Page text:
DRG Category: 644
Mean LOS: 5.3 days
Description MEDICAL: Endocrine Disorders with CC
Acute adrenal crisis is a life-threatening endocrine emergency caused by a deficit of glucocorticoids (primarily cortisol) or mineralocorticoids (primarily aldosterone). The anterior pituitary gland produces adrenocorticotropic hormone (ACTH), which causes the adrenal cortex to produce more than 50 steroid hormones. Cortisol and aldosterone are the most physiologically active of these hormones. In primary adrenocortical insufficiency, glucocorticoid and mineralocorticoid function is lost. Acute adrenocortical insufficiency is a difficult diagnosis to make. Acute adrenal crisis rarely occurs without an accompanying serious injury or illness. The diagnosis is difficult because many of the signs and symptoms are nonspecific. However, left untreated, someone with acute adrenal insufficiency has a very poor prognosis for survival. Any delay in disorder management while waiting for diagnostic confirmation may threaten the person's life.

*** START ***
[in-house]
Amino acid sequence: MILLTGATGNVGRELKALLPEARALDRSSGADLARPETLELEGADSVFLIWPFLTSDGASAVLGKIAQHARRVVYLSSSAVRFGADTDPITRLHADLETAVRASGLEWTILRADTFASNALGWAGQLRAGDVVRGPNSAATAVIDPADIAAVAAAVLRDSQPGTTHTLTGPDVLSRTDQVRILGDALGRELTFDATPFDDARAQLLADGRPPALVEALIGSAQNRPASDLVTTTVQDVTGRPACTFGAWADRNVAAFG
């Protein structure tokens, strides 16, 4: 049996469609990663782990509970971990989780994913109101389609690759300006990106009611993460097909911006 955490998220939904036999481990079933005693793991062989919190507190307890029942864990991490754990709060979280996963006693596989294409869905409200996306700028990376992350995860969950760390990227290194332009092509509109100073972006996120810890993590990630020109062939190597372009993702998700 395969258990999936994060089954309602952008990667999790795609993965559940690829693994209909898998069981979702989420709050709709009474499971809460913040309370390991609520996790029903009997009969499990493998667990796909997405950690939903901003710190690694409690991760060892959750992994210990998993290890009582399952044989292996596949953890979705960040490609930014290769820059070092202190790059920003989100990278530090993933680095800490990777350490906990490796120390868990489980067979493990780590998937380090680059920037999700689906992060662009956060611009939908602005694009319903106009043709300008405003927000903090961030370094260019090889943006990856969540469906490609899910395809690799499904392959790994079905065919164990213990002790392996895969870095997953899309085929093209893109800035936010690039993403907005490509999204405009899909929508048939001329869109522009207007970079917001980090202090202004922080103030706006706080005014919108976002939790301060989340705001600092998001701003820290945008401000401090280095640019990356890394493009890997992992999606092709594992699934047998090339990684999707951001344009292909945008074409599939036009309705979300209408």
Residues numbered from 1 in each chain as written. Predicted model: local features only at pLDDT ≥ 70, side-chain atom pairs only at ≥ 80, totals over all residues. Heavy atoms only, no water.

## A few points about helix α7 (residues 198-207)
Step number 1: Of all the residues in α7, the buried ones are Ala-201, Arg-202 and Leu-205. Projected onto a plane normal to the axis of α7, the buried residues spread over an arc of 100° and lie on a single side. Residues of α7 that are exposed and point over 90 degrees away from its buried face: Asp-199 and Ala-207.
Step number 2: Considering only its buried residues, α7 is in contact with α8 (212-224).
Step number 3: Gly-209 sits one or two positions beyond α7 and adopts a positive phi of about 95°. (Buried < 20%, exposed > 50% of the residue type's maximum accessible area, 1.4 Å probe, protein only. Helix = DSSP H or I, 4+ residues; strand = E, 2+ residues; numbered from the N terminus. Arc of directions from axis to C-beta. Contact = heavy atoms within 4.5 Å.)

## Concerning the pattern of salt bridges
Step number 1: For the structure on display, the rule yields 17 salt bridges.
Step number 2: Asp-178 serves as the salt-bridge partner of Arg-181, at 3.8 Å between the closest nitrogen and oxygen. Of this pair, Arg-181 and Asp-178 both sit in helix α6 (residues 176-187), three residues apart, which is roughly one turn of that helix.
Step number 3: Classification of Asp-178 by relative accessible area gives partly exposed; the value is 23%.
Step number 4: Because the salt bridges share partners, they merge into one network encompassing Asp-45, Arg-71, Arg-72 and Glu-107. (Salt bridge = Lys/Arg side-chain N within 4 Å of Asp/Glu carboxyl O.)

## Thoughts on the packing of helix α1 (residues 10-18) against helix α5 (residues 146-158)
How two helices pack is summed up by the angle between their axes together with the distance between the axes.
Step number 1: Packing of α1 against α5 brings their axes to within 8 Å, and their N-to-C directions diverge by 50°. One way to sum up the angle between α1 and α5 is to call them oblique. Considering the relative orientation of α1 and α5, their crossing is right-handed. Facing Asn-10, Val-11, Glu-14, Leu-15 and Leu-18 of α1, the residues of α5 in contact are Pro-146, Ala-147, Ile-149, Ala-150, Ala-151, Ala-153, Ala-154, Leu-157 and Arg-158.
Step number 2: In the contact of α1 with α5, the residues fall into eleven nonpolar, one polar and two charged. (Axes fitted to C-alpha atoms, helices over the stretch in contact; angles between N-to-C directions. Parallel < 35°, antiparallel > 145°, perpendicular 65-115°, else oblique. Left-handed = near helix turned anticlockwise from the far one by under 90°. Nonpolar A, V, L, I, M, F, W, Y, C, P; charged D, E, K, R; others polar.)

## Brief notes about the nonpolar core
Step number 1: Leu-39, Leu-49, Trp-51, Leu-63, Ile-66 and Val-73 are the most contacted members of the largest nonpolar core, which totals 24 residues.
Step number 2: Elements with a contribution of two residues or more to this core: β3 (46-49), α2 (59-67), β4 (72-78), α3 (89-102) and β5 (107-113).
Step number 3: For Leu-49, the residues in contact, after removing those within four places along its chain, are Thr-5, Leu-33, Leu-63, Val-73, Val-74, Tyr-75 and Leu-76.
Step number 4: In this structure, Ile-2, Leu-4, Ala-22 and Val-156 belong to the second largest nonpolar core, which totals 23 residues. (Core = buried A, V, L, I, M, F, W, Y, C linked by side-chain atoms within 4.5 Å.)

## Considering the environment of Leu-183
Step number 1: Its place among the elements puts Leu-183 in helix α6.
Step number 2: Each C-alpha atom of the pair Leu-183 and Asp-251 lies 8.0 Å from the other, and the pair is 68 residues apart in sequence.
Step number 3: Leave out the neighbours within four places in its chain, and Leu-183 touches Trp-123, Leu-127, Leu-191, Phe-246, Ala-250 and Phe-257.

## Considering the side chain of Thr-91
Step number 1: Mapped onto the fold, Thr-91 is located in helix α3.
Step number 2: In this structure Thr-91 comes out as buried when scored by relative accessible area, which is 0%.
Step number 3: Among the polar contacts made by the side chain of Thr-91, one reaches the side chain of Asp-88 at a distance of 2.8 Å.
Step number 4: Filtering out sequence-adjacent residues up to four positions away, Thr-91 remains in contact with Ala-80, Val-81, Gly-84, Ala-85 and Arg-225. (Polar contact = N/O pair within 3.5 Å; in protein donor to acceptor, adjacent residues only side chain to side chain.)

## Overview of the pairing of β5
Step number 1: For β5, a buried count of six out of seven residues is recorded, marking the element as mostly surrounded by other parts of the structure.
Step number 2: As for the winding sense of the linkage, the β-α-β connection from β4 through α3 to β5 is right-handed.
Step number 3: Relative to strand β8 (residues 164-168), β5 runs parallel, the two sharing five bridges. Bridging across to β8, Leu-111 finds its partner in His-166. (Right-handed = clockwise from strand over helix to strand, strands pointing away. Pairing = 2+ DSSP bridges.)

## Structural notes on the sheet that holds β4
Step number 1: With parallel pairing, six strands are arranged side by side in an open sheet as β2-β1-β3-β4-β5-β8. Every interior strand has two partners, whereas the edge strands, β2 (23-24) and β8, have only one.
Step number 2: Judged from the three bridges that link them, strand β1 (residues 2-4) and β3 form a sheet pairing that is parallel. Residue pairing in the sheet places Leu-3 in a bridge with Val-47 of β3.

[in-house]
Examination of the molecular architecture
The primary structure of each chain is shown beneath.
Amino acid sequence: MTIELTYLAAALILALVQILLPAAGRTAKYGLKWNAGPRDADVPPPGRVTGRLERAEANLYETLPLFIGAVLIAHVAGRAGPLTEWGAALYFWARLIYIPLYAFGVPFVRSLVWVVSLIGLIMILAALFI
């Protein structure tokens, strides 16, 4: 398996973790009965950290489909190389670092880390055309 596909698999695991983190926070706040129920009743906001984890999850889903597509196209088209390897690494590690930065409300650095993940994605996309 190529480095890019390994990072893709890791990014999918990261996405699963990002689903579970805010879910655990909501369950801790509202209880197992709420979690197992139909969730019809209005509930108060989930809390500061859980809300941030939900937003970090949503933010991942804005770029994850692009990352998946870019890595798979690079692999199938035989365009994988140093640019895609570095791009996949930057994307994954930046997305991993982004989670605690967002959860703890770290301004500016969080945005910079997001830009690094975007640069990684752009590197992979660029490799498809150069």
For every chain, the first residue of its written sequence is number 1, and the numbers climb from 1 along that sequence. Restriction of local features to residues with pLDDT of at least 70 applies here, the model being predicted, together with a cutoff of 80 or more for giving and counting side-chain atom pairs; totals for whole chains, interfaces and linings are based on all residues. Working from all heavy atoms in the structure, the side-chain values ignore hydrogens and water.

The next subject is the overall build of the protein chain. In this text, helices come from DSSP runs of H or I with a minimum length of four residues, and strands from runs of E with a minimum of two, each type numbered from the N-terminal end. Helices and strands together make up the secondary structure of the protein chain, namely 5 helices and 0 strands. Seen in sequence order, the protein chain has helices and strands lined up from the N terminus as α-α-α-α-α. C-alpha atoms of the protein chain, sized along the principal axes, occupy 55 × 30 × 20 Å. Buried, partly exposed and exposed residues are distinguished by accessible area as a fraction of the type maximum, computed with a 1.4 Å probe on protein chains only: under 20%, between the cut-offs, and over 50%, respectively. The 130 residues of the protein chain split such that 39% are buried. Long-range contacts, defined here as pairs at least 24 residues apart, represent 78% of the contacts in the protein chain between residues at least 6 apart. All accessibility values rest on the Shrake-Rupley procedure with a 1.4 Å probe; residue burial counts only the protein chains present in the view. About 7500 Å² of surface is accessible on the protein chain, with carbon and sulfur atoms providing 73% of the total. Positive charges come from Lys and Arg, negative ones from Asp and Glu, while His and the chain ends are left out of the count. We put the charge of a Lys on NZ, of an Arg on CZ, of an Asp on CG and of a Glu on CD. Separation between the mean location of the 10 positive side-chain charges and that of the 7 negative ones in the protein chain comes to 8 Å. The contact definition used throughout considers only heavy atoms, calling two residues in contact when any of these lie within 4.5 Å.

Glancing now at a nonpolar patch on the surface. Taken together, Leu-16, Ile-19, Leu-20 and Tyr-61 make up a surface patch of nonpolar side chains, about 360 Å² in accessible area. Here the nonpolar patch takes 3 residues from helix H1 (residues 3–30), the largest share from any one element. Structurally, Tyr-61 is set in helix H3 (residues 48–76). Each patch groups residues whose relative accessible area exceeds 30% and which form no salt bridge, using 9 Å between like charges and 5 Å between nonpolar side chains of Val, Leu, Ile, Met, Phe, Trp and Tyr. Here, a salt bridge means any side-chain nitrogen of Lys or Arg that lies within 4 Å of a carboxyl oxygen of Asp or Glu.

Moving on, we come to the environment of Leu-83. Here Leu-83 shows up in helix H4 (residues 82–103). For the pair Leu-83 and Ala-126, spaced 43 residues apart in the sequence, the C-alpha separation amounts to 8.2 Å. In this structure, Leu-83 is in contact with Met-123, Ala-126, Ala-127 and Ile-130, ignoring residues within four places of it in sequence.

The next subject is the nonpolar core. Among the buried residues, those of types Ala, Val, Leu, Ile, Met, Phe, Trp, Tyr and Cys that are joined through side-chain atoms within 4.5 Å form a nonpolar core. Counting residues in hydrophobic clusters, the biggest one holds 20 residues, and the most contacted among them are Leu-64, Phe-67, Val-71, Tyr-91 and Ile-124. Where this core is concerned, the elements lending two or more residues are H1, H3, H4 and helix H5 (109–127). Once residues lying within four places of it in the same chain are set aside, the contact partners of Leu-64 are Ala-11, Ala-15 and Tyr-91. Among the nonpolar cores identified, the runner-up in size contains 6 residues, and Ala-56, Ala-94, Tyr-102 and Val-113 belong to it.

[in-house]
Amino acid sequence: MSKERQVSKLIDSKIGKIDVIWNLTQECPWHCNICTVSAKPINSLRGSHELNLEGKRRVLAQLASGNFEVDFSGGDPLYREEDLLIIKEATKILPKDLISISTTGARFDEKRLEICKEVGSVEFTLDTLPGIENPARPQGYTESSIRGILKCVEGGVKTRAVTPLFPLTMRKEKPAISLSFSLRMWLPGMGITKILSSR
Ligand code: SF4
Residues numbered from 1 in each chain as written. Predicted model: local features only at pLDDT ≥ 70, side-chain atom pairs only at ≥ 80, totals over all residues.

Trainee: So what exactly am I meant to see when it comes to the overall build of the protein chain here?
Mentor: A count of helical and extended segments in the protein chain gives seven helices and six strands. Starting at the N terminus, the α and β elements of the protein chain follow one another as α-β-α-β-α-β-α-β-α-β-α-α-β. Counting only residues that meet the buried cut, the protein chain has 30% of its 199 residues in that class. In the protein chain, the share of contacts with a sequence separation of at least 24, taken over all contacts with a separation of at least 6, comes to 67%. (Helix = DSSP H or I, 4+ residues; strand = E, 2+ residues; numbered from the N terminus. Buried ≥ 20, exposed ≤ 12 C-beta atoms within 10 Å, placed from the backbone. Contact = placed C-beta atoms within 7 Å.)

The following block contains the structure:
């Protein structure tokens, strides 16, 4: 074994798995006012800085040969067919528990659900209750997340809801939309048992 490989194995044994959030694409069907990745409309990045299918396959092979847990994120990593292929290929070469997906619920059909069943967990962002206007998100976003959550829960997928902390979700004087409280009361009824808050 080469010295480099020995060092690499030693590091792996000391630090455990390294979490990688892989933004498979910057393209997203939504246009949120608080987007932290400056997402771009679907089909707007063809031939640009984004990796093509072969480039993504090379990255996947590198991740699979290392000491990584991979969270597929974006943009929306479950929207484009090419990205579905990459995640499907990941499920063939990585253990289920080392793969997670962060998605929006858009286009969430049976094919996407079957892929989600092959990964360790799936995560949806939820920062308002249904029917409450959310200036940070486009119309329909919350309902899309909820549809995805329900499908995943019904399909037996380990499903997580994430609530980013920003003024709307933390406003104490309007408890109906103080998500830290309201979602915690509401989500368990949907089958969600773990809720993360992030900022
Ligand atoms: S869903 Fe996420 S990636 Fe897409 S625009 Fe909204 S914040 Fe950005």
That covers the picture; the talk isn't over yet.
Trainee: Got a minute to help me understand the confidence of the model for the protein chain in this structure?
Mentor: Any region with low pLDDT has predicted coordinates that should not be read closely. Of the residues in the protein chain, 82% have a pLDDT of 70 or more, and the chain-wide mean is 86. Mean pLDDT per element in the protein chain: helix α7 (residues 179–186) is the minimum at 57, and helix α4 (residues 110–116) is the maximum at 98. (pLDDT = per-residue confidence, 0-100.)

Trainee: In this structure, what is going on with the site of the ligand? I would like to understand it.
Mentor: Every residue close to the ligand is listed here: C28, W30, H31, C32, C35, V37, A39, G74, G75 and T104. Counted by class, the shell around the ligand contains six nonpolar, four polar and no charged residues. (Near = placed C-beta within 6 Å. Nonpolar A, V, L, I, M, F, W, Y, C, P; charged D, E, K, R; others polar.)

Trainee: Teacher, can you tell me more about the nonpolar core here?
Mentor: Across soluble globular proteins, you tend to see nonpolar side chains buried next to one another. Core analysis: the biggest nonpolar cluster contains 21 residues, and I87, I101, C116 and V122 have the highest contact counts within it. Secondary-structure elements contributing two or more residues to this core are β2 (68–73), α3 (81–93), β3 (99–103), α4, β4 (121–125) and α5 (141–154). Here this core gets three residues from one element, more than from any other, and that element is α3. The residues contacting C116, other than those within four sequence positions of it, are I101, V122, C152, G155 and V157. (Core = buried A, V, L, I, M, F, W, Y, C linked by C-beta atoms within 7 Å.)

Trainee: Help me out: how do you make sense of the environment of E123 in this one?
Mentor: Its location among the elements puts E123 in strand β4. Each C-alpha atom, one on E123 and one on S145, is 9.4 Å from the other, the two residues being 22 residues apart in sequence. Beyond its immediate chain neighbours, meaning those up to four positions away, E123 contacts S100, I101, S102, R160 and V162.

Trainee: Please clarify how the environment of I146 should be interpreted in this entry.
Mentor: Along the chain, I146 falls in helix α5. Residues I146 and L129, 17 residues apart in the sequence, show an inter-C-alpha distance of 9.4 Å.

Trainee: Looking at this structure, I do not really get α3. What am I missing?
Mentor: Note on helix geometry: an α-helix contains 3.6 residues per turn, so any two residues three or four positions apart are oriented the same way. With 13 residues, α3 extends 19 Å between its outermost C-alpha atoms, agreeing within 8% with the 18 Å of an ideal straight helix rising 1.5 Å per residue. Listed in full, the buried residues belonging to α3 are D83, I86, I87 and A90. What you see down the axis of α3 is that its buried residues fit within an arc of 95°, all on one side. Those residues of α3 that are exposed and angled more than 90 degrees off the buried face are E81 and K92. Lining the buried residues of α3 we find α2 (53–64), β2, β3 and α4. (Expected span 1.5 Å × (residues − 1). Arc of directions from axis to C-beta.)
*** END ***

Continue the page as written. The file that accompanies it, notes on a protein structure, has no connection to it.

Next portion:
Glucocorticoids are cardiac stimulants that activate release of essential vasoactive substances. Without corticosteroids, stress results in hypotension, shock, and death. A deficiency of cortisol produces many metabolic abnormalities, such as decreases in glucose production, protein and fat metabolism, appetite, and digestion. Serious systemic effects include a decrease in vascular tone and a diminished effect of catecholamines such as epinephrine and norepinephrine. Normally, a body under stress releases corticosteroids. Both the decrease in the vascular tone of the blood vessels and the decreased effect of catecholamines in an individual in an adrenal crisis can cause shock. The deficiency of aldosterone results in profound fluid and electrolyte imbalances: a decrease in sodium and water retention, a decrease in circulating blood volume, and an increase in both potassium and hydrogen ion reabsorption.